Throughout the tribute, clips from Stewart’s many films were played on the big screen, to which she could be heard groaning in embarrassment. “I’m sorry, I’ll shut the fuck up,” she said with a laugh. When discussing auditioning for her role in Into The Wild, where she played a teenage musician, she was asked if she had always been a singer. “Clearly not,” she said with a laugh. She said she auditioned by playing The Beatles’ classic “Black Bird.” Director Sean Penn could see just how nervous 14-year-old Stewart was and asked if she wanted to turn around to play the song, not having to face him. She did, and she landed the role. The making of that film, she told the audience, was “full of rogue, crazy shit.”  But that the film was “a real, alive thing.” When asked if she related to her character Bella Swan from Twilight she said, “Yeah, of course. Bella thinks she can take it. Sometimes he can, sometimes she can’t. I loved the idea…of when you fall in love for the first time. It’s sexy, it’s cool.”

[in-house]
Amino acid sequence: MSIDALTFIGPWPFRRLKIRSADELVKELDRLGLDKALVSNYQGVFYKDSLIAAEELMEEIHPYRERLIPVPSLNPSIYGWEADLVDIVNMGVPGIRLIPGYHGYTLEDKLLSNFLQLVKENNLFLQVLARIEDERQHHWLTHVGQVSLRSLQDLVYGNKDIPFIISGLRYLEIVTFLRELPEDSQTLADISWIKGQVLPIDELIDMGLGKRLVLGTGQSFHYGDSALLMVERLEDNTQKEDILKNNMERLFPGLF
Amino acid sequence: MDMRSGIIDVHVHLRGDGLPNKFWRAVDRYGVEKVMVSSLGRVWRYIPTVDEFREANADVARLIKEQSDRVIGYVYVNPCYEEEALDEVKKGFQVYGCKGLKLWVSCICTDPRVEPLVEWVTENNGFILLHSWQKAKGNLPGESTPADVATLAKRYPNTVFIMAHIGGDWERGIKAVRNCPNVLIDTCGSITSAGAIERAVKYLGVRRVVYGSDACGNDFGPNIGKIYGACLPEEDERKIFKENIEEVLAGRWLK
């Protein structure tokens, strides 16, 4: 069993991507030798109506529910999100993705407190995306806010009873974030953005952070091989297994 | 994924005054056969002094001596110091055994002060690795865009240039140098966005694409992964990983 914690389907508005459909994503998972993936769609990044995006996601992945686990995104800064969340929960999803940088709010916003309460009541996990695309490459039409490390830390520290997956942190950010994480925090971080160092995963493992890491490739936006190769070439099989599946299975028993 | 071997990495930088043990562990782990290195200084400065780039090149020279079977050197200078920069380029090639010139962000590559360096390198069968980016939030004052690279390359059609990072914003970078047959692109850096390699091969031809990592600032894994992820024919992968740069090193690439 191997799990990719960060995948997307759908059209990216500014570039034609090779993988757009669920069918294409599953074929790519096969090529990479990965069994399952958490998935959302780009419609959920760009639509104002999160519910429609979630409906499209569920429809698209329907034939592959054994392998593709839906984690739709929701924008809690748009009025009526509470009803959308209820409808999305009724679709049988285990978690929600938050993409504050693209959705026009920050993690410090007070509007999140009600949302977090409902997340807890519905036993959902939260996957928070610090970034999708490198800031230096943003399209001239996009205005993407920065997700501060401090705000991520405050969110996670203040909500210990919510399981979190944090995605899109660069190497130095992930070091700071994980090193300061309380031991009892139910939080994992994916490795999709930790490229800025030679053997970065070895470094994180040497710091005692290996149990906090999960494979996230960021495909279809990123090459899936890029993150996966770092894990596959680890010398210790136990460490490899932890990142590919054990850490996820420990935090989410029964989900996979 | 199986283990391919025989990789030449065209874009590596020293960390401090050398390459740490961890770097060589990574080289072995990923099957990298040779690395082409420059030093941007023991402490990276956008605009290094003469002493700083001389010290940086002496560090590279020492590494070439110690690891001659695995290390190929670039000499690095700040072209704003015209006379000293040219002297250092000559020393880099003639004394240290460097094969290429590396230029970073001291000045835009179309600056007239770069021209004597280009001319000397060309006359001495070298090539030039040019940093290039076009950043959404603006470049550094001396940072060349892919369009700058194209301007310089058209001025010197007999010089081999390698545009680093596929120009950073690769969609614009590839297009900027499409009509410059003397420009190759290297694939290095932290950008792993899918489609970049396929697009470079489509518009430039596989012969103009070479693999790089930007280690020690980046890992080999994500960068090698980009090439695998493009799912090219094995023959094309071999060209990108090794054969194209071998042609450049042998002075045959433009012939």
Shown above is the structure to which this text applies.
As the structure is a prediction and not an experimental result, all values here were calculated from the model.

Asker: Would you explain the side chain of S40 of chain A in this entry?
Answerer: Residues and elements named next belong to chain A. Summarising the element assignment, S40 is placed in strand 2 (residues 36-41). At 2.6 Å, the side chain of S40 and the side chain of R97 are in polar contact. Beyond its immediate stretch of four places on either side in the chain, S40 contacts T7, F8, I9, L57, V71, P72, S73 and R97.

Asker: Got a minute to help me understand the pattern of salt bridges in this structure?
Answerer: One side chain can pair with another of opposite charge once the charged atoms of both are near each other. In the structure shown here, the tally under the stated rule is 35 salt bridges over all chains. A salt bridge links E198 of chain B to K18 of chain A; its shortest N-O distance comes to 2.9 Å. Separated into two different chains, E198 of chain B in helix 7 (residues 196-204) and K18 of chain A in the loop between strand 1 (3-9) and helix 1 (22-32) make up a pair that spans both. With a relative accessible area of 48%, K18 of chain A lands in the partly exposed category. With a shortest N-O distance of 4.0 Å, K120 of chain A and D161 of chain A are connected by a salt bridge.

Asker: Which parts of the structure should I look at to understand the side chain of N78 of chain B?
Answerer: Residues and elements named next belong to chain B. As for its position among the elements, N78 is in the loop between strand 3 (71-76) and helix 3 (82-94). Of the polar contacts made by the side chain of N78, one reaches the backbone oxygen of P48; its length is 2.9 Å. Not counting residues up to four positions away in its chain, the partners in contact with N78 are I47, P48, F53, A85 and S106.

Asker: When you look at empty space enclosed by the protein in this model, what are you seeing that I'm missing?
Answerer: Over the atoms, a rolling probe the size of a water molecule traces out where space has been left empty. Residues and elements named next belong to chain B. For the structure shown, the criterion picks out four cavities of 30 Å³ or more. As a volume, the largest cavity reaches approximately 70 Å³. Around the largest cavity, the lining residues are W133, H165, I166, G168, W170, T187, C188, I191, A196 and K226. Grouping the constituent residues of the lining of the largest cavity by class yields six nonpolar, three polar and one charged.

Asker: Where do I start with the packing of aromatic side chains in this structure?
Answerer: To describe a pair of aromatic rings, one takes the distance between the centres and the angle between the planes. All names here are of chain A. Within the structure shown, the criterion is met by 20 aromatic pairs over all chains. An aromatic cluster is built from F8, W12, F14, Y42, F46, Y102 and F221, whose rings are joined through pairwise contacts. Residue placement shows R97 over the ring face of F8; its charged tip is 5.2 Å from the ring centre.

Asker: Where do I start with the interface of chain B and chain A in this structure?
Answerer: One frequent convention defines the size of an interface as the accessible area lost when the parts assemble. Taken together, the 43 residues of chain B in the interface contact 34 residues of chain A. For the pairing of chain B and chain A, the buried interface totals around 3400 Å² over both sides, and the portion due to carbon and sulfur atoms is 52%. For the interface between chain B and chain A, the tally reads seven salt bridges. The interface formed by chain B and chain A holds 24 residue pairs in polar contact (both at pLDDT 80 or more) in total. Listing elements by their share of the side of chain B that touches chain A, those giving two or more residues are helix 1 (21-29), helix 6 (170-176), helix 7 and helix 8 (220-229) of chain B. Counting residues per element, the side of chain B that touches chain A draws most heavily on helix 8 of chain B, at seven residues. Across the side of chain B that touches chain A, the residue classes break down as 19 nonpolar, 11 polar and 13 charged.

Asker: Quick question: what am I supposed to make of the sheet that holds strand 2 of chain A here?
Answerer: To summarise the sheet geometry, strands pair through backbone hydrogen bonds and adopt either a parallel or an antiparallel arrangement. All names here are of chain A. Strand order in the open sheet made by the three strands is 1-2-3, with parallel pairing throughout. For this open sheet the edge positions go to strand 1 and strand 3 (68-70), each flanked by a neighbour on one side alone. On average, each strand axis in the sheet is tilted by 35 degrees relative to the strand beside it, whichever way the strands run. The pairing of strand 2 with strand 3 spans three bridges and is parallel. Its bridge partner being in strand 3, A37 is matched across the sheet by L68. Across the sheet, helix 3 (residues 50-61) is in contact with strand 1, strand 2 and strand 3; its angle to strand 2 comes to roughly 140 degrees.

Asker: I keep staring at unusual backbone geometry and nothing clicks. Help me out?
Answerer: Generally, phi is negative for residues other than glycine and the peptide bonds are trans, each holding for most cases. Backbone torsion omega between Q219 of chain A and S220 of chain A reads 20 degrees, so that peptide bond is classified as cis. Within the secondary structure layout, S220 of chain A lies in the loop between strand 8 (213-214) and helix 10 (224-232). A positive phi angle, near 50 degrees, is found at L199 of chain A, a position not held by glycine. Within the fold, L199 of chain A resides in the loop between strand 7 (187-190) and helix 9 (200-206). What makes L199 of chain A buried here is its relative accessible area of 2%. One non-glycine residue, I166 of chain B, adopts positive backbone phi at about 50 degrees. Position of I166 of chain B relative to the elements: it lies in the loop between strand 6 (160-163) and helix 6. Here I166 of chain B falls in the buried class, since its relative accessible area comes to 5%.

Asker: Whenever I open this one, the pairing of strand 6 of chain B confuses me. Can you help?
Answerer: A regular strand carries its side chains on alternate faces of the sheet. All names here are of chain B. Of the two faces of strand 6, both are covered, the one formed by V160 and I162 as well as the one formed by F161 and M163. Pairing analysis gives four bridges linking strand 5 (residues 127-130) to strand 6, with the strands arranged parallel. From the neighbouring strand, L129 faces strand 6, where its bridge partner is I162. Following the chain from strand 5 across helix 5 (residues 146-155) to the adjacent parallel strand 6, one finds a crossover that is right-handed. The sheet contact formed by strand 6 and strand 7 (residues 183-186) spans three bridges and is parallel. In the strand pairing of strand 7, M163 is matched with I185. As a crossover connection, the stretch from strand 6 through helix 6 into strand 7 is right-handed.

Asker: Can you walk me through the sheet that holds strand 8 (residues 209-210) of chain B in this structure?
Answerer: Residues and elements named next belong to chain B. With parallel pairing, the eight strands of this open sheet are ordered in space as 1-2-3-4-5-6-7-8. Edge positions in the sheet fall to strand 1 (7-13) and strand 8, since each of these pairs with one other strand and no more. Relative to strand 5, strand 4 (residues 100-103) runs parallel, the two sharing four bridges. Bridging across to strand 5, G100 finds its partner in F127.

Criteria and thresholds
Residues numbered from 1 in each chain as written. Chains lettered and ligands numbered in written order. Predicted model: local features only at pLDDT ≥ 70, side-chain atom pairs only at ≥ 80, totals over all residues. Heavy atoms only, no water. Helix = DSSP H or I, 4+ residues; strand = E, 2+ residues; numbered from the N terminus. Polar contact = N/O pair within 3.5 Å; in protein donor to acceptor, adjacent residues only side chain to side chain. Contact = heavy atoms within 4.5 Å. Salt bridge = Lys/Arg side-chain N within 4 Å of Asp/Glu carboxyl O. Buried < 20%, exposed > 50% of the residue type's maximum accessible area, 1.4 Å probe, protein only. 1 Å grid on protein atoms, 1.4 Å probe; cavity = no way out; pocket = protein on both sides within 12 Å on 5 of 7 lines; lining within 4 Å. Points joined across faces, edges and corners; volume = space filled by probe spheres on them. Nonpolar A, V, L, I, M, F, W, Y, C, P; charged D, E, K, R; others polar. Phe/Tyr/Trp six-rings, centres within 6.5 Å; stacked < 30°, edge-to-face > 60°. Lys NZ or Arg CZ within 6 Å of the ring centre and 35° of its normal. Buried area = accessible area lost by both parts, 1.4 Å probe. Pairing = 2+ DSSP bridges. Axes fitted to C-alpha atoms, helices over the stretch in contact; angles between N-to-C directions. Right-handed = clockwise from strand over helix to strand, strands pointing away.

In 2012 Stewart was the highest paid actress in Hollywood and has an impressive number of awards to her name. She was the youngest person to ever receive the BAFTA Rising Star Award, and quite notably, the first American to win a Cesar Award, the French version of The Academy Awards. And now, for the first time ever, she’s been nominated for an Oscar for her role as Princess Diana in the film Spencer. Nearly unrecognizable in her role, she admitted, “there’s no way I could have ever gotten it perfect.”  She talked to the audience about playing Princess Diana, and capturing her loneliness, her isolation. “She is the first person who wanted to reach out and touch people, but she’s not allowed to be touched. And that pain is constantly present. This sort of stifled, muzzled thing where she’s not allowed to talk, but she’s revered and loved and celebrated for all the things that aren’t really satisfying to her. I feel that from her. These could just be my experiences, my projections, but they’re mine, and that’s what I play in the movie.” When asked how she perfected Princess Diana’s posh British accent, she said, “I just wanted to fall in love with a few aspects, and really hang my hat on those things, and then actually kind of be myself. I mean who else can I be? And ya know, I had a really great coach.” She went on to describe Princess Diana’s communication style, “her voice is so unique; and the way she communicates is so sideways and so cryptic, so every move, every look, every intonation, feels like it’s desperately trying to communicate.” Communicate Stewart did, and quite well. Her role is widely revered as her personal best, and possibly the best performance of the year. When Roger Durling, executive director of SBIFF brought Stewart on stage, he said he’d woken up on the morning of the Oscar nominations, afraid Stewart wouldn’t be recognized for her role in Spencer. “When I heard her name,” Durling said, “I thought, all’s well with the world, thank goodness!”